lease of carbon from the supersaturated Repair Welding in Power Plants V. Orlando, 18. Vinckier, A. G., and Pense, A. W. 1974.
Fla., EPRI and AWS, pp. 16–30. WRC Bulletin 197.
structure and precipitation of Fe3C results 4. Metals Handbook, 8th ed., Vol. 1. ASM 19. Steven, W., and Balajiva, K. 1959. Jour-
RESEARCH/DEVELOPMENT/RESEARCH/DEVELOPMENT/RESEARCH/DEVELOPMENT/RESEARCH/DEVELOPMENT

in a decrease in lattice strain and soften- International, Materials Park, Ohio. nal of the Iron and Steel Institute 193:
ing of the CGHAZ. In HCM2S, V-rich MC 5. Creep Rupture Data of HCM2S Steel 141–147.
is expected to form, which retards soft- Tubes, Pipes, Forgings and Plates. 1997. Sum- 20. Pugh, S. F. 1991. An Introduction to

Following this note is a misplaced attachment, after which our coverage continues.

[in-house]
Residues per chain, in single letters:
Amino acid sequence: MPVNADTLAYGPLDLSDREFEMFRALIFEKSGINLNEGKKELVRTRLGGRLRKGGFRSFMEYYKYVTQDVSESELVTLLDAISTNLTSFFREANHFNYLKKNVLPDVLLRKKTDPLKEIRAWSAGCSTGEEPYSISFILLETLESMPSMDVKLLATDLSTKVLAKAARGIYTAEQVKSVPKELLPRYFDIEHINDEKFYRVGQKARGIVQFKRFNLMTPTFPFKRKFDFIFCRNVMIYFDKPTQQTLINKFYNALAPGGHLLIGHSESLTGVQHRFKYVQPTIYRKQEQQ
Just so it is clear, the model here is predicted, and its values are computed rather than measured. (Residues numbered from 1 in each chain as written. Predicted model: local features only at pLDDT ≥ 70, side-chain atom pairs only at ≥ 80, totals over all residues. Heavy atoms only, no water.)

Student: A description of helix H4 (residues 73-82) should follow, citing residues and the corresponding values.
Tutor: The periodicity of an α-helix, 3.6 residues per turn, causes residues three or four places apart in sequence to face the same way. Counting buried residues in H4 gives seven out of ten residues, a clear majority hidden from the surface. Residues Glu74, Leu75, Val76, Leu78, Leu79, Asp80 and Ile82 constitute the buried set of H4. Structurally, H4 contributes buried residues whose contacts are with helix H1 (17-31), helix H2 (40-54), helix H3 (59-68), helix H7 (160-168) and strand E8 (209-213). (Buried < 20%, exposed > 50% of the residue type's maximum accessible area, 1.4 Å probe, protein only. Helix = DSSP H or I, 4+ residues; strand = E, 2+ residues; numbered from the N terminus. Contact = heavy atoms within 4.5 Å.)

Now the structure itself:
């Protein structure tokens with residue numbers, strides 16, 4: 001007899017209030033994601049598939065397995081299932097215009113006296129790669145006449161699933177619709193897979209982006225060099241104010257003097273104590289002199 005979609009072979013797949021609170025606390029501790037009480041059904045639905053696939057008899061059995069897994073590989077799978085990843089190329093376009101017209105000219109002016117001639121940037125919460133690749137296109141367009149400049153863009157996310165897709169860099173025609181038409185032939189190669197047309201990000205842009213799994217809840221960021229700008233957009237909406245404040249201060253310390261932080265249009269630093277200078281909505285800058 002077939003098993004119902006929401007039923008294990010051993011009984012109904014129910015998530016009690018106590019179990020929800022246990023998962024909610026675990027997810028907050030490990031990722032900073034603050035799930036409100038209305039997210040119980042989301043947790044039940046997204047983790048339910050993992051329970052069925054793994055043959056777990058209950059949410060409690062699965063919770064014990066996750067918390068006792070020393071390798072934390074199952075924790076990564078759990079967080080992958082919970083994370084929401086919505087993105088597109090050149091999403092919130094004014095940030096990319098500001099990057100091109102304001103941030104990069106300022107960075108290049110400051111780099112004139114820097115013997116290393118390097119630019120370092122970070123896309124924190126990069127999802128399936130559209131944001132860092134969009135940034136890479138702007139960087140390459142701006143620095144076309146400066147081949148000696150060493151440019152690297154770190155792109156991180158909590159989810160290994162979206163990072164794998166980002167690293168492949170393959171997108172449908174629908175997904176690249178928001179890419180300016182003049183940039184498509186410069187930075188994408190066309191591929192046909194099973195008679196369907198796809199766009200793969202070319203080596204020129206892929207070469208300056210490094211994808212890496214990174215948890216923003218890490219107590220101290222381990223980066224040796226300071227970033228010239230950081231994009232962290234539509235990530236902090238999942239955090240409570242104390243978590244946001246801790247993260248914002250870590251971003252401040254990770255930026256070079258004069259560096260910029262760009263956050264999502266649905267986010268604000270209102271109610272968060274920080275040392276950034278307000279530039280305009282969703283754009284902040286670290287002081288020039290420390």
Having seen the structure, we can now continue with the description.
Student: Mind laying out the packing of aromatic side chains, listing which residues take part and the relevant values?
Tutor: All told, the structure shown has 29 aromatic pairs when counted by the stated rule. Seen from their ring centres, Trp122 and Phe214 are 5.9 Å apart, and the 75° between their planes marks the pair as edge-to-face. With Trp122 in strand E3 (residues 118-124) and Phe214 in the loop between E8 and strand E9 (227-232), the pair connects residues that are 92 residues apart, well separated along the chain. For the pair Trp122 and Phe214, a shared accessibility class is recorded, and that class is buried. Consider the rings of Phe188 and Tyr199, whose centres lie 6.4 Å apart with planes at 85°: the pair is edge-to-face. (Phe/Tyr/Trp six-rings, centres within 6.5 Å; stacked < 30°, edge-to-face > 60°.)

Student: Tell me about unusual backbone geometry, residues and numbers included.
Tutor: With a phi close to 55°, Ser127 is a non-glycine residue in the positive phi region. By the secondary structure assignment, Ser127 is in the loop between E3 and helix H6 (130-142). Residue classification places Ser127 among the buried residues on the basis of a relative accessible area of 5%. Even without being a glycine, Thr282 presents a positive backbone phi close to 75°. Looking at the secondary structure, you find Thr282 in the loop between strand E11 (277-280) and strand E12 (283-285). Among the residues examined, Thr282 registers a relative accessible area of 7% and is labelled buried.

ening and ultimately leads to the higher itomo Metal Industries, Ltd. and Mitsubishi Grain Boundary Fracture, The Institute of Met-
SRC susceptibility. Heavy Industries, Ltd. als, London.
6. Meitzner, C. F. 1975. WRC Bulletin 211 21. Baker, R. G. and Nutting, M. A. 1959.
pp. 1–17. Journal of the Iron and Steel Institute (7):
Acknowledgments
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Welding in the World 30: 44–71. 22. Honeycombe, R. W. K., and
The authors would like to gratefully 8. Swift, R. A. 1971. Welding Journal 50(5): Bhadeshia, H. K. D. H. 1996. Steels: Mi-
acknowledge the sponsors of this re- 195-s to 200-s. crostructure and Properties, 2nd ed. Halstead
search including Sumitomo Metal Corp., 9. Swift, R. A., and Rogers, H. C., Welding Press, New York, N.Y.